Parks and Recreation — Soda Tax (S5E02)
Leslie is really struggling with who she is now that she is on city council. She writes a proposition to tax sodas to try to lower the amount of citizens with diabetes and create a healthier Pawnee. When she finds out that if this tax passes, the local restaurants will be very negatively affected, which could cause hundreds of layoffs, she doesn’t know how to vote on her own proposition. When there is a town meeting, she asks to hear both sides of the argument, because she no longer knows which way to vote. She is really pro-health, but she doesn’t take layoffs lightly, either. When she polls the constituents about their opinions on the matter, they are split nearly in half, which prompts her to say, “Thank you so much, this has been very confusing.” I have never seen Leslie struggle with so much indecision before. And this indecision takes its toll. The night before the vote, Leslie didn’t sleep at all, os she drank a child-sized drink with every flavor mixed in (when they say “child-sized” they mean the size of a child, not the size for a child! It’s 512 ounces!). When asked how she will vote, she says she doesn’t know, she’ll go with her gut. And with her gut she went! She threw up when it was her turn to vote. If that isn’t enough reason to vote for the tax, Leslie goes to Ron for inspiration. He explains that he tried to fire her four times, but even though she disobeyed direct orders, what she did ended up being precisely what needed to be done, so he withdrew the requests for termination. Ron, in one of his sweetest moments in the history of Parks & Rec, gives Leslie a compass telling her that this will help guide her the right way. With Leslie’s vote making the decision, the soda tax passes.
Ben has a massive stick up his ass, he doesn’t trust his interns to do their work and he makes sure that they know it. They retaliate by drawing a caricature of him with said stick up his butt. When Ben talks to his boss about firing them, he finds out that every single one of his interns is incredibly well connected. So rather than firing them, he decides to “kiss their asses like crazy.” He throws them a pizza party and organizes an ultimate frisbee match. But the best part of this is how Ben starts to act around the employees. He pretends not to care about the job and he talks in ridiculous slang. This is so far from how teenagers actually talk, which is why it’s so great. He sounds like the biggest idiots, his employees know it, but he’s clueless. When Ben asks Ellis (the head of the obnoxious interns) who drew the caricature, he tells him that his daughter did. After a bit of confusion, he realizes that everyone thinks that April is his daughter! Not only is he freaking out that people think that he’s so old, but he’s deeply offended by April’s lack of respect. It hurt a lot worse that it was his friend than some undisciplined employee. After a decent amount of arguing, April agrees to Ben’s request to make a 15% effort. And she definitely does that, when Ellis is taking a personal phone call, she grabs his phone and threatens to torture and kill him if he doesn’t work effectively and respect Ben. I’m pretty sure that this is enough to whip anybody into shape. And man, oh man, I love this side of April!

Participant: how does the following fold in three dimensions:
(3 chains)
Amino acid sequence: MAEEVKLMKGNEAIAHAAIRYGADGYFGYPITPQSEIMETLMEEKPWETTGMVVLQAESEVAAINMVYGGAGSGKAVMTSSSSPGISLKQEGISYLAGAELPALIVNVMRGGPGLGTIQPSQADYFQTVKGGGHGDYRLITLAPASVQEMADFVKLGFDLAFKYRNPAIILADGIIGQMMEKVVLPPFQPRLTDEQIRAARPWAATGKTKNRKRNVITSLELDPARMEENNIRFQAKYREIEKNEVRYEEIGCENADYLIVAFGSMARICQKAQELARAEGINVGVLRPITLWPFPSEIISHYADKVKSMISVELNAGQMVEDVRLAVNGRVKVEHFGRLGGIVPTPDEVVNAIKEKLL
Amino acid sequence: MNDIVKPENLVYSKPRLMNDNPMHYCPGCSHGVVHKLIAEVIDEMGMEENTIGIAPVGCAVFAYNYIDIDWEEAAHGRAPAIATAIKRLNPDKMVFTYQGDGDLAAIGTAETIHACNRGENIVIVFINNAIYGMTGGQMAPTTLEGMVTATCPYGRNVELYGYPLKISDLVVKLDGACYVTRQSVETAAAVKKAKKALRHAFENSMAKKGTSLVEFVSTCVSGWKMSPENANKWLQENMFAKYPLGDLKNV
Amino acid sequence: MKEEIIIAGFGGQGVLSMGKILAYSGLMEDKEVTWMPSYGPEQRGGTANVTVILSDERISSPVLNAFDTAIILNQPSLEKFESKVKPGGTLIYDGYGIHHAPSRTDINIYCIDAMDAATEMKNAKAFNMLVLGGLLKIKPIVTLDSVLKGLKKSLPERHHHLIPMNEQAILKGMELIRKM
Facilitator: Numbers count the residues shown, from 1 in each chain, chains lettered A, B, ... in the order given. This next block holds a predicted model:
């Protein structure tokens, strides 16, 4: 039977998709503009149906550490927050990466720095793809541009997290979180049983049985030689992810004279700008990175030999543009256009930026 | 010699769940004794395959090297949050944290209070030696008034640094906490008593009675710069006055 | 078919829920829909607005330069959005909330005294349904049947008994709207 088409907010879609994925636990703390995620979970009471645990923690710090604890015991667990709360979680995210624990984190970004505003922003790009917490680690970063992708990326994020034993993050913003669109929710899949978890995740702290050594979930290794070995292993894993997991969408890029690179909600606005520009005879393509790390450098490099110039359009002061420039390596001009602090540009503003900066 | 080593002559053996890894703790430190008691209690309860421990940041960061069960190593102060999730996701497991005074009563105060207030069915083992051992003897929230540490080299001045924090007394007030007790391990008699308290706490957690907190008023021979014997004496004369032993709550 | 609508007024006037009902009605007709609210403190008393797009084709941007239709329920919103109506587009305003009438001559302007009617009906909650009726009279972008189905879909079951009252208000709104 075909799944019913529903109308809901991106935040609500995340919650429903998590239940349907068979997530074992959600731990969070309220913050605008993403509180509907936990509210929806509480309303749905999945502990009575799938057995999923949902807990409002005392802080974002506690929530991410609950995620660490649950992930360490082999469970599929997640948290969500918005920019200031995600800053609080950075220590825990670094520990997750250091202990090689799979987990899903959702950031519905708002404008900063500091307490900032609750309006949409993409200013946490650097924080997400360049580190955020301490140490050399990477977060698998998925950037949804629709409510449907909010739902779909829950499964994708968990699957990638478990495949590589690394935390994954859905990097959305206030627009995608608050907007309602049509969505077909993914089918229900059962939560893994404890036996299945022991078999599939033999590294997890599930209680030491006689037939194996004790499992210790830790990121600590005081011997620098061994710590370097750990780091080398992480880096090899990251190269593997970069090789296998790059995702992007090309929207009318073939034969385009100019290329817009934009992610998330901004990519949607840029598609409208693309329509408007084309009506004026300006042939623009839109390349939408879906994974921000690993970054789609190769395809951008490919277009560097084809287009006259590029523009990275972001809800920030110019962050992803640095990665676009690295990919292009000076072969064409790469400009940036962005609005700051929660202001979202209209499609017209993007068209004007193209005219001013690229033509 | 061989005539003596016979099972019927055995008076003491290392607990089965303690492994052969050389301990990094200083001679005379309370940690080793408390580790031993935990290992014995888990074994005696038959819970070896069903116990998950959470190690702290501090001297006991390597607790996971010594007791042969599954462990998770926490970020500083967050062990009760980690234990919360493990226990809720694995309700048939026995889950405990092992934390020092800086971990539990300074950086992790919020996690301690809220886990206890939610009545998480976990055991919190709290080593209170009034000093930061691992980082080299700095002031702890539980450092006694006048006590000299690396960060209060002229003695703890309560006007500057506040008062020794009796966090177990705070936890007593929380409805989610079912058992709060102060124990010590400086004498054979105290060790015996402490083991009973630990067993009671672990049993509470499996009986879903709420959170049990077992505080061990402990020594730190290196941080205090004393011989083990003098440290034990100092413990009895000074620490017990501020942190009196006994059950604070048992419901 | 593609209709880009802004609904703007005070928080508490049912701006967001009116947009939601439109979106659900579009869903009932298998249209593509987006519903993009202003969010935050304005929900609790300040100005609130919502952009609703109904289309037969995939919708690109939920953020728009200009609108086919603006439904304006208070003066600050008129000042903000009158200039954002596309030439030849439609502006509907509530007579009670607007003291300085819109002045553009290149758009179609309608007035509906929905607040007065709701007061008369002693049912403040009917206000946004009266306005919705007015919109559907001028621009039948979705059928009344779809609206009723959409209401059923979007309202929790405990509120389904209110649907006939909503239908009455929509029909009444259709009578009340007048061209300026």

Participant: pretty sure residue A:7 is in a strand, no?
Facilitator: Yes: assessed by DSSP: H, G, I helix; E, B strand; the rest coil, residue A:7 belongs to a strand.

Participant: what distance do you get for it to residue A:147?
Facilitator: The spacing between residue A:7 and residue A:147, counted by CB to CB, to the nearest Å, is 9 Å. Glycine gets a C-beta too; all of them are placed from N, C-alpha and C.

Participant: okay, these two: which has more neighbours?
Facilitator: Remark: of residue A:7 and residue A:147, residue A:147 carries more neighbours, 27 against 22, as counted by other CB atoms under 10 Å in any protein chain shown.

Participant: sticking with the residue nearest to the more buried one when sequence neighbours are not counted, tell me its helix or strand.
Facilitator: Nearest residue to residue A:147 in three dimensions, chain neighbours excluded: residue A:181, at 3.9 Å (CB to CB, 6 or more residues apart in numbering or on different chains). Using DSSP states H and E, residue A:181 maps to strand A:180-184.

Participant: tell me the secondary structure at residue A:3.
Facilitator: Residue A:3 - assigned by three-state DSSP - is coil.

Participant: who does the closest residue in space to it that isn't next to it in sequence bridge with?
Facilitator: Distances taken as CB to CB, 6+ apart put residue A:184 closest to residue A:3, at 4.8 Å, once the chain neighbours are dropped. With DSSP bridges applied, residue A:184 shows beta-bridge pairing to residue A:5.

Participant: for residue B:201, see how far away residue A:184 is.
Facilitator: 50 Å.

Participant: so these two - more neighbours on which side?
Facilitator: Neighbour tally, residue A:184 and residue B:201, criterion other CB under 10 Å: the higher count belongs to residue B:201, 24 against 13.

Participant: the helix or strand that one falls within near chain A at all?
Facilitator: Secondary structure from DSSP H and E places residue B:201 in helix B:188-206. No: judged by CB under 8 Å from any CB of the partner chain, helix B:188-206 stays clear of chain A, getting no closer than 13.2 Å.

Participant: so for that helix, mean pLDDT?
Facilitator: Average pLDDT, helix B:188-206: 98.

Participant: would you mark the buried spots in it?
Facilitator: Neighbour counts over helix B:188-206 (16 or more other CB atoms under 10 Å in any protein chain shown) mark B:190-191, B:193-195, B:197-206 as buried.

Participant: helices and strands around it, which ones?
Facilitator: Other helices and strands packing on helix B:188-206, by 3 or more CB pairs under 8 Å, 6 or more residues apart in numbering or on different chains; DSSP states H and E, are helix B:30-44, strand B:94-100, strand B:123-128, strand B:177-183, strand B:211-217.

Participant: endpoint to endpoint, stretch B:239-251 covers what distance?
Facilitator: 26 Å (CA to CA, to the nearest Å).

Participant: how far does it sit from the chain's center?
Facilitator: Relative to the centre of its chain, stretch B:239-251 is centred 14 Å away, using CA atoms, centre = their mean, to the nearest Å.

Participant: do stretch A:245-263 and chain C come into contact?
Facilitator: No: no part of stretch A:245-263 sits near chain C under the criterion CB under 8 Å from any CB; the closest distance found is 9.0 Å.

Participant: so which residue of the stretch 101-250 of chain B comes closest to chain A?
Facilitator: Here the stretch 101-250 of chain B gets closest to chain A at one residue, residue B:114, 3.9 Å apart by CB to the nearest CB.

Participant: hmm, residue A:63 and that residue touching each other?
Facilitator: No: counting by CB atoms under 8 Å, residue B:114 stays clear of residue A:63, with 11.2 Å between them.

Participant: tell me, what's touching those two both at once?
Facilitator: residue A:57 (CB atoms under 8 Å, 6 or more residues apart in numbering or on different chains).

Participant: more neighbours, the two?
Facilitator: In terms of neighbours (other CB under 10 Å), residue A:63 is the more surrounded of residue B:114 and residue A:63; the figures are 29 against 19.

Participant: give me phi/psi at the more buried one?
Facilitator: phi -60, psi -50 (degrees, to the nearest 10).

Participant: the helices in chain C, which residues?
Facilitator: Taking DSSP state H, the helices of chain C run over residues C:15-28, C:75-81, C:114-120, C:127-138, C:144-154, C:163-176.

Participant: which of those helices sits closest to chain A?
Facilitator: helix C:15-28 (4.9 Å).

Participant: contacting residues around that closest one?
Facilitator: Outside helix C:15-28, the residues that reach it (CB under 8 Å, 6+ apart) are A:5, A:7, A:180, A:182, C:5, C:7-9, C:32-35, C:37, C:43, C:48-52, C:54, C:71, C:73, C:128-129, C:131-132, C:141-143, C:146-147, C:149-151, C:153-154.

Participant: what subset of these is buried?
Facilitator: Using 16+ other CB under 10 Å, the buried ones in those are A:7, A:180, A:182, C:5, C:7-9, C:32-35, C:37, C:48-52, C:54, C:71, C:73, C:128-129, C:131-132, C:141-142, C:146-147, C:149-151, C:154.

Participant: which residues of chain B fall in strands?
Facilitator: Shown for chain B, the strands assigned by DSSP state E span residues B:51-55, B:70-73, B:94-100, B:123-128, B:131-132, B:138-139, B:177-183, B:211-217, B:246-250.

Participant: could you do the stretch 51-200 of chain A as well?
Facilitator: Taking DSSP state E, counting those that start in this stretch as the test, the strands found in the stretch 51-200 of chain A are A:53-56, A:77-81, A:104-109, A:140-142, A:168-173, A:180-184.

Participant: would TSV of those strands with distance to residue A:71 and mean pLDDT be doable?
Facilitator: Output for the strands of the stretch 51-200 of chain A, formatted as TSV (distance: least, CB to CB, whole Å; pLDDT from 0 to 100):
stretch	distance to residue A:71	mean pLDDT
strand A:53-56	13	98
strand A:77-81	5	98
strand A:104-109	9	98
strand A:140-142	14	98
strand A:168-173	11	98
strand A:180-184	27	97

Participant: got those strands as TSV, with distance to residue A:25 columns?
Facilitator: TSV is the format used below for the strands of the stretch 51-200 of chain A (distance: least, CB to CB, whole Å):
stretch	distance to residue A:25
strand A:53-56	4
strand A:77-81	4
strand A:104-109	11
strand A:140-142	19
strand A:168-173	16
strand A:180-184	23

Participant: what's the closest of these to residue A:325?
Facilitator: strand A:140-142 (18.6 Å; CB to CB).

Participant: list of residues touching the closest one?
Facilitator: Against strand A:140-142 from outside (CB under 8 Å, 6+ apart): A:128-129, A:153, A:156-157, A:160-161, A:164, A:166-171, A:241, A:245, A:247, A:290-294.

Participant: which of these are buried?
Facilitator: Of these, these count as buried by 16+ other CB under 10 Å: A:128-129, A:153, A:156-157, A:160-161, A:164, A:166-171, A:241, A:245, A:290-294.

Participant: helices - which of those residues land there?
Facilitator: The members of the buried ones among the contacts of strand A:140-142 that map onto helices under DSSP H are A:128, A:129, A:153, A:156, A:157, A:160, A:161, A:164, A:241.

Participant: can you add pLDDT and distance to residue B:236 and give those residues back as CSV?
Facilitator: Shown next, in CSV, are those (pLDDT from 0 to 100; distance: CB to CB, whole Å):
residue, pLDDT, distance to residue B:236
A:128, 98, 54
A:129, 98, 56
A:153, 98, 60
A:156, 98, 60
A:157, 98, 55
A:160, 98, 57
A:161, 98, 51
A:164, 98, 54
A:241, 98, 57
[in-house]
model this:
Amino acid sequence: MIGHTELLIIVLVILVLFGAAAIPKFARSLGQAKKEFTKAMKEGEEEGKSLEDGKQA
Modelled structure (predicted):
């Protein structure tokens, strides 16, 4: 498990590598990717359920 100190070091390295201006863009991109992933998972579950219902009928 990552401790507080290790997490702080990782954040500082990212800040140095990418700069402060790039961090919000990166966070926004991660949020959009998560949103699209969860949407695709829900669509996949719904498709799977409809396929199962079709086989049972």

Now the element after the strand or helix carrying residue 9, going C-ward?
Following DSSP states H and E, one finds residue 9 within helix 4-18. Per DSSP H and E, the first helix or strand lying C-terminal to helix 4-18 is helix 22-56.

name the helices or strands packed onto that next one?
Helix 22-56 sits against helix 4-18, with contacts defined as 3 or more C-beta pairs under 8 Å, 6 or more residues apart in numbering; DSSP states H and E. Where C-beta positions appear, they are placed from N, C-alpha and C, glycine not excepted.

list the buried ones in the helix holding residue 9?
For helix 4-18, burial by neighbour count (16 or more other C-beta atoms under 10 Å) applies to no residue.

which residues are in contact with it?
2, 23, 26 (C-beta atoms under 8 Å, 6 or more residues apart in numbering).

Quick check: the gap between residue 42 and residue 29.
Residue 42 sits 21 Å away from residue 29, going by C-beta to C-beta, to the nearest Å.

Andy decides that he wants to have a real job so he can provide for himself and April, so he wants to be come a police officer. If he makes the cut, I feel truly sorry for Pawnee. Just as I did for Point Place when Michael Kelso became a cop in That ’70s Show. Tom and Chris agree to help whip him into shape to pass the physical tests. Andy manages to run two miles in 29 minutes (less than 25 is the requirement), which prompts Chris to be excited for how much he can help Andy improve. Andy tells Chris that he’s doing this for April, which prompts the two to agree that the only things in life are family and love. Chris says something depressing about how he is all alone, but Andy ignores him. When Andy and Chris are about to race, Chris collapses and says that he is broken. The doctor didn’t find anything, which Chris believes is the silent killer. He admits that “I’m going to die one day. Probably.” Though this might seem like nothing, Chris always insists that he is going to live forever, or at least to the age of 150. When he realizes that he’s just upset that he doesn’t have a girlfriend or any family, Tom suggests that therapy might be the best option. Chris agrees that before he climbs Mount Everest, he needs to “climb the Mount Everest of [his] mind!” Man, Chris is such a freak, but you have to love him!
It looks like this season is going to be a lot about the growth of each individual character. Leslie has to figure out who she is a city councilwoman, and it’s really difficult for her. She has never been in a position where she can make a huge difference, either positively or negatively. Ben has to learn how to manage people who don’t want to be managed; he needs to understand that not everyone is as much of a perfectionist as he is and how to deal with them. Andy is finally trying to turn himself into someone successful. Hopefully he won’t learn too much, because where would the show be without his crazy antics, such as wearing a bandana for underwear? And Chris has finally hit his midlife crisis. His life isn’t perfect just because he is fit, he needs more to be truly happy. And who knows, maybe he will find someone who makes him truly happy and isn’t overwhelmed by him this season! And Ron seems to be becoming a softie. That’ll never happen though, will it?
Posted on October 3, 2012, in Comedy, Parks and Recreation and tagged andy, april, ben, chris, city council, diabetes, knope, leslie, nbc, park, parks, prex, rec, recreation, ron, soda tax, swanson, tom. Bookmark the permalink. 2 Comments.